Of course, that means different things to different people, and many factors can make a particular place appealing — or not so appealing. For some, it’s being closer to family and friends. For others, it’s a certain kind of weather or scenery — maybe being close to the beach or the mountains. And for still others, economic considerations play an important role.

After all, if you can live anywhere, living in a place where you can keep more money in your pocket is appealing. As a result, the COVID-19 pandemic ultimately accelerated the migration of businesses, families, and individuals from states that are more expensive to others that are less so.

Three particularly popular destinations are Florida, Texas, and Nevada. Here are a few reasons why:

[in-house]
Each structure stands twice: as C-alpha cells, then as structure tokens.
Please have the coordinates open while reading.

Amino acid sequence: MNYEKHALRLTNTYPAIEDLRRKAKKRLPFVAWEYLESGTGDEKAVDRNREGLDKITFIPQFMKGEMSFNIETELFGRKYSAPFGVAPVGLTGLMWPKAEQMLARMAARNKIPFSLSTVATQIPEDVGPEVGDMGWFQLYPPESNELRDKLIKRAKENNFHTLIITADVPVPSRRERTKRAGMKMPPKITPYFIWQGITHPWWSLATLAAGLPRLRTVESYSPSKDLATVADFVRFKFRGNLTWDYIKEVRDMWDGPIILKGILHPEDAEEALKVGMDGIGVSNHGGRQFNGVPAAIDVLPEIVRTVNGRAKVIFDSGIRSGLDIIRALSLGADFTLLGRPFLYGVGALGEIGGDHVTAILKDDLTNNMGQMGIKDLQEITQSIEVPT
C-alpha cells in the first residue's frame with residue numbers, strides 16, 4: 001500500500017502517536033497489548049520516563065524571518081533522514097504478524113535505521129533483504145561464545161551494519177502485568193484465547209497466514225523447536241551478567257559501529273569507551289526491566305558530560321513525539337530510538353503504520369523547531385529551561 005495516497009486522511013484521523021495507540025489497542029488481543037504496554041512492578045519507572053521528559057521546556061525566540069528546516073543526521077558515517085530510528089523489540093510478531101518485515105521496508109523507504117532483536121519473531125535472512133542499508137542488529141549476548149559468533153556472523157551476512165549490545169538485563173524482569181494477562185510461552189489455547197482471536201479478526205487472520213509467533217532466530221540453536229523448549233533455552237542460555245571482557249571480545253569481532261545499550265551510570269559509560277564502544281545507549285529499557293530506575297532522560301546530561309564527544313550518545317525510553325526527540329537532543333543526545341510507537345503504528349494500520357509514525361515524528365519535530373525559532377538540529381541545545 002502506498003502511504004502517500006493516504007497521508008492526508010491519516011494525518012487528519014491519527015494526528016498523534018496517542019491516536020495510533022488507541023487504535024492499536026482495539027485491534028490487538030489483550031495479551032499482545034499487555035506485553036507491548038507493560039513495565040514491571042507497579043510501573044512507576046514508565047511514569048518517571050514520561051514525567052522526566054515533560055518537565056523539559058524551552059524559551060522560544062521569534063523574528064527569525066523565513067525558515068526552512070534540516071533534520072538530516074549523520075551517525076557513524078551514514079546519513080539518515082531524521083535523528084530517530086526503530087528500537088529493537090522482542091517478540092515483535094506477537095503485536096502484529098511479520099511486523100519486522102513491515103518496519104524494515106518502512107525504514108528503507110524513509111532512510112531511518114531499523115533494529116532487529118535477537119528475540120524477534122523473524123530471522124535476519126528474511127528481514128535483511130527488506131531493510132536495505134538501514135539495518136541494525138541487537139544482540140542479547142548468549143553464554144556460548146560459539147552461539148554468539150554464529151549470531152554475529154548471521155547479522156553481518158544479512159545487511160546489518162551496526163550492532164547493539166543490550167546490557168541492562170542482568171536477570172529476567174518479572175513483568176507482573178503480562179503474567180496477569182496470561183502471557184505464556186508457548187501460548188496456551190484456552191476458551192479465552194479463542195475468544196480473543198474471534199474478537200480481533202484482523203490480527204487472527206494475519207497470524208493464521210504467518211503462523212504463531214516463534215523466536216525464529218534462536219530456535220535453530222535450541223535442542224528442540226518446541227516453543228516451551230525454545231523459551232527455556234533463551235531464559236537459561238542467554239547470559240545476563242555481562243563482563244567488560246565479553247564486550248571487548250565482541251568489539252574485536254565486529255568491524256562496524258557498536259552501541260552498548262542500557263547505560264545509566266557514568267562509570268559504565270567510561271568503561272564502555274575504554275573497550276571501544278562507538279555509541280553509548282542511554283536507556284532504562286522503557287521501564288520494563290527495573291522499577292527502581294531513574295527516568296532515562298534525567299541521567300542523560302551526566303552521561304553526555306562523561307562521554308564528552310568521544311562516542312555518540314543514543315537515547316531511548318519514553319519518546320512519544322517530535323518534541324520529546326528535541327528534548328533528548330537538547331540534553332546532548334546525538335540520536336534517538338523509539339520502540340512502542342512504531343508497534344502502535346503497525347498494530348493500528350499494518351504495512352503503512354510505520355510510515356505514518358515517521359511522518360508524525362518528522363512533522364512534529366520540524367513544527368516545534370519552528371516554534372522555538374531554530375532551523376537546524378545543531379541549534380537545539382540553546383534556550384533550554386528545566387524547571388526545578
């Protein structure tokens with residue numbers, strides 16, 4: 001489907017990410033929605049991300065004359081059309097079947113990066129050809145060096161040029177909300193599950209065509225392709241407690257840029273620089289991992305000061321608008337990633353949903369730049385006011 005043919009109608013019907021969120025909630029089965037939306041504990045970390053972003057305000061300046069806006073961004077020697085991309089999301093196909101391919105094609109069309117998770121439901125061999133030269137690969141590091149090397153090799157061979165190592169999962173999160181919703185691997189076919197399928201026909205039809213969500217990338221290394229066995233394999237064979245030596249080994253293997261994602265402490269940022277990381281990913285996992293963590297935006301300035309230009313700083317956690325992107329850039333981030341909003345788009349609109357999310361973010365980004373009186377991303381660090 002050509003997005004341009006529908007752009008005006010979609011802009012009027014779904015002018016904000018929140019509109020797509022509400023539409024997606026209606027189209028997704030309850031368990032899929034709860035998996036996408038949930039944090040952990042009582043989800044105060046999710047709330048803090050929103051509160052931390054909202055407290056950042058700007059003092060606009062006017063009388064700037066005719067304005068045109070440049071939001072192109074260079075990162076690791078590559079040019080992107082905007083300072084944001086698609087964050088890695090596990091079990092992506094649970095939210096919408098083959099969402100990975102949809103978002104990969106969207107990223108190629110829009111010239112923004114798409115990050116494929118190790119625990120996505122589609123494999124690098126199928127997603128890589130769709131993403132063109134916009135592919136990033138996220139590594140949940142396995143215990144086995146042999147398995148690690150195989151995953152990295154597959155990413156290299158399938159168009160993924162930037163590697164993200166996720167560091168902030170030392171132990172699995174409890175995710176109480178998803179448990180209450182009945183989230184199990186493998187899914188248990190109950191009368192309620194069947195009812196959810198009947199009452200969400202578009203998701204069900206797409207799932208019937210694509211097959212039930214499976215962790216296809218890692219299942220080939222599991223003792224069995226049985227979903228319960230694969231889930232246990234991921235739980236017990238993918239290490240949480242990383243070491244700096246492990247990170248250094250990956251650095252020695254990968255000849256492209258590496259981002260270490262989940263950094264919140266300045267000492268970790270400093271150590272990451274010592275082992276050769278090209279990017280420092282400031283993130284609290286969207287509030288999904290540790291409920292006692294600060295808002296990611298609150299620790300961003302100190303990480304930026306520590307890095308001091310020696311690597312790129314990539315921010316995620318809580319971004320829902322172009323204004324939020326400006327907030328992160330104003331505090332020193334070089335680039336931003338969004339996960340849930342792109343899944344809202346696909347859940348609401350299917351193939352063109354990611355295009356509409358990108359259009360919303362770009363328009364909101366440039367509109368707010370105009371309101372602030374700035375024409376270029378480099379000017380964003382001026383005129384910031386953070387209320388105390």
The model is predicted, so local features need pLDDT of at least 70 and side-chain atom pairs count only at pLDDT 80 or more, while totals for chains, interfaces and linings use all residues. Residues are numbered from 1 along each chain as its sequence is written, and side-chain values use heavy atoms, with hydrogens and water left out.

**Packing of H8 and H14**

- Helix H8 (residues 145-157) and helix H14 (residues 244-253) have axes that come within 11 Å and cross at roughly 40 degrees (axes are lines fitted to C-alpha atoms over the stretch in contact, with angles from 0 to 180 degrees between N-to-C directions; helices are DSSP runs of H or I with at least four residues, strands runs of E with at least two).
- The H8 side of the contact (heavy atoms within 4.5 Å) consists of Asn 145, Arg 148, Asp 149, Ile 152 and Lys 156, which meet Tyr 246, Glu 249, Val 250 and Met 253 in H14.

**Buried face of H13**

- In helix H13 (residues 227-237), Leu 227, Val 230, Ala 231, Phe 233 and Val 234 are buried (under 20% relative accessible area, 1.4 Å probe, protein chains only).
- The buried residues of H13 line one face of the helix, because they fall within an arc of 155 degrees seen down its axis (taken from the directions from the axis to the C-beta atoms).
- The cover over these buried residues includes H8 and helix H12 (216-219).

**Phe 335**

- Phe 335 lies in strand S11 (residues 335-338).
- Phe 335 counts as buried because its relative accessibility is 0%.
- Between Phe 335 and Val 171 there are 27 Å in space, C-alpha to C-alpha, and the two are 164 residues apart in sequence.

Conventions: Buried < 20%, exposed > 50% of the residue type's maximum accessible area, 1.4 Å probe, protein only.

More Tax-Friendly: One huge advantage of each of these states is that they have no state income tax. While there are still other taxes like sales, and property tax, not paying income tax can ultimately result in significant savings, particularly in comparison with some states that have very high income tax rates in addition to being more expensive generally.

Affordable Housing and Rental Opportunities: Many of the cities in these states offer more house for the money than what can be found in other locations. For many, location is everything – but for an equal number, location plus affordability is appealing. Many people like the idea of being able to afford a larger home or more land for a lower price. This is not to mention that from a business perspective, these states tend to offer more affordable rental prices for office space than some other states and cities do.